Is an 8-hour work day productive?
January 17, 2019
By Heather Nezich, courtesy SBAM Approved Partner ASE
In the U.S., full-time employees generally work 40+ hours per week. We work more than most first world nations including Germany, France, and England. But are we as productive?
According to data provided by Ohio University, the average worker is productive for two hours and 53 minutes out of an 8-hour work day. The following activities account for some of the remaining time:
Reading news websites – 1 hour 5 minutes
Social media – 44 minutes
Discussing non-work-related topics – 40 minutes
Search for new jobs – 26 minutes
Time is also lost with workplace interruptions. The average office worker is interrupted every three minutes, and it takes another 23 minutes to get back on task. To be productive within an 8-hour day, employees must take regular breaks. Ideally, the human brain needs a 15-minute break for every one hour of work.
The top 10% of highly productive employees do not work a full eight hours. They typically take 15-20 minute breaks every 52 minutes. Data such as this is what inspired a Swedish study a few years back to evaluate the effect of a six-hour work day.
The study took place at the Svartedalens retirement home and was funded by the Swedish government. Employees went from 8-hour shifts to 6-hour shifts but were allowed to maintain their 8-hour salary. Another similar facility participated as a control group by maintaining 8-hour shifts. When compared, 68 nurses who worked 6-hour days took half as much sick time as those in the control group. They were also 2.8 times as likely to take any time off in a two-week period. In addition:
Employees reported higher energy levels and efficiency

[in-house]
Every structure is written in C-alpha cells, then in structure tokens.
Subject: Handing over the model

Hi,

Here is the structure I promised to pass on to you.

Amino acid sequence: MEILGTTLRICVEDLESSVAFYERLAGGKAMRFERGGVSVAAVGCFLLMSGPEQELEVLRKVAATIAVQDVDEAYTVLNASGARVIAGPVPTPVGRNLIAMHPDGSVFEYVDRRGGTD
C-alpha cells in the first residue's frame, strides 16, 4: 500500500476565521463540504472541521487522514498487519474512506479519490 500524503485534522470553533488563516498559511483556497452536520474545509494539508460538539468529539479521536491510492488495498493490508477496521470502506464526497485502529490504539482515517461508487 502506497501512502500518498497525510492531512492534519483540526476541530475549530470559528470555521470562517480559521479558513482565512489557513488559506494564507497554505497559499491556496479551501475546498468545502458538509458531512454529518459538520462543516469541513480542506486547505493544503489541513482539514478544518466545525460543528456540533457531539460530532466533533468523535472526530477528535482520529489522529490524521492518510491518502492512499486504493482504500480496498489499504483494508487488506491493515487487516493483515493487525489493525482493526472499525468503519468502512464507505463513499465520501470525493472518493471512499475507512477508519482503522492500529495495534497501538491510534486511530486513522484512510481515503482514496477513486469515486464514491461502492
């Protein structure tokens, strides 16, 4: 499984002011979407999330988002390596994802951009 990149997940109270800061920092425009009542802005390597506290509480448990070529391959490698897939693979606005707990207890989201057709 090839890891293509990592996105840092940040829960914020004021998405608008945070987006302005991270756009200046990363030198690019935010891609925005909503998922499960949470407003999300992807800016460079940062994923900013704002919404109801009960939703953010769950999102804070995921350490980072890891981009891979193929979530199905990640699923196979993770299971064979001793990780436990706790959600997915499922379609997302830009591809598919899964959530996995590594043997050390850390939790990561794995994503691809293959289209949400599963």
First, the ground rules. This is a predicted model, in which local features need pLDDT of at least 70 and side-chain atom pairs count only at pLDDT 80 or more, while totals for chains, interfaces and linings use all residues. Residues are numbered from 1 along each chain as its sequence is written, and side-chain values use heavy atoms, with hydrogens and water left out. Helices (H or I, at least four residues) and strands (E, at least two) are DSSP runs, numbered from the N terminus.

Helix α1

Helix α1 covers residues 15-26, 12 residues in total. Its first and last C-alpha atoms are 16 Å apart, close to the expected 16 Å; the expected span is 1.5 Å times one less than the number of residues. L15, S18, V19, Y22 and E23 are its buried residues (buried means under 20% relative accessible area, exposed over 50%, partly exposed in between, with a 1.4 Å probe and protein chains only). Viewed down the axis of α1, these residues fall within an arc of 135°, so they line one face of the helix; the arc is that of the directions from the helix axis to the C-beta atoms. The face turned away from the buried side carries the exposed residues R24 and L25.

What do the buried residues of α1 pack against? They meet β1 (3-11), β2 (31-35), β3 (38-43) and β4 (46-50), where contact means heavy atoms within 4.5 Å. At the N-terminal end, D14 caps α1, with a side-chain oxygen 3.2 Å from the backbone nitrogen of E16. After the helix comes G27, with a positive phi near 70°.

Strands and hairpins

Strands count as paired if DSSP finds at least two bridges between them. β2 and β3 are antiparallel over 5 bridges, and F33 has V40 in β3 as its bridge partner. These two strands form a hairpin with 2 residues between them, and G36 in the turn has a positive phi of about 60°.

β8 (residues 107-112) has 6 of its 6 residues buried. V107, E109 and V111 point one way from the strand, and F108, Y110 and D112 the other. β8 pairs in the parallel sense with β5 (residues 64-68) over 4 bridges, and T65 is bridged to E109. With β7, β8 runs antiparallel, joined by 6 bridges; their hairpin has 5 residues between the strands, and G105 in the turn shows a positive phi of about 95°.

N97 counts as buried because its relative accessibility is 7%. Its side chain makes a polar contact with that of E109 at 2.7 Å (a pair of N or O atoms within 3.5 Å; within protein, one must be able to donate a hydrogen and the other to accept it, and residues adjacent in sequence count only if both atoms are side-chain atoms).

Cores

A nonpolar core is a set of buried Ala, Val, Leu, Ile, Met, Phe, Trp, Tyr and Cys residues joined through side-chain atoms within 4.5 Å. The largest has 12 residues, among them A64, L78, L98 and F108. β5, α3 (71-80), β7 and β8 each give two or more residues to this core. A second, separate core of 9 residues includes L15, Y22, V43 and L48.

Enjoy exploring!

Employees called in sick 15% less
Employees reported that their health improved 20%
Employees were 20% happier
Employees reported having more energy both at work and home
Due to the increase in energy, the nurses working 6-hour days were able to do 64% more activities with the elders. But although productivity increased, profitability decreased. In order to allow the 80 nurses to work reduced hours, they had to hire 17 additional staff members. Those new hires added $738,000 to payroll, which equates to a 22% increase. They estimate that about half of that expense is offset by the reduction in sick time, time off, and unemployment. While the experiment proved an increase in employee satisfaction and productivity, the added costs for additional staff need to be further analyzed.
In the UK, 6 out of 10 bosses say that cutting hours boosted overall productivity. Although not the world-wide norm, France offers 35-hour work weeks. In the U.S. work weeks average 47 hours. This equates to a full day longer than a standard 9-5 work week. While hourly employee hours are regulated, salaried employee hours are not.
History has shown that reducing hours and allowing employees more down time increases productivity. Back in 1914, The Ford Motor Company cut hours from 16 to 8 and doubled workers’ salaries. The result was increased productivity. We’ve held onto the 8-hour work day since then.
Researchers at Stanford University have linked longer working hours to increased stress and sleep deprivation. But organizations are reluctant to adopt the shorter day. They are worried that levels of productivity might suffer despite research evidence to the contrary. Some HR experts are predicting Swedish success stories will eventually lead to the globalization of the 6-hour day. But don’t expect that anytime soon in the U.S., based on how engrained the 8-hour working day is here. In the meantime, encourage frequent breaks throughout the day.
To view the Ohio University infographic on the 6-hour workday, click here.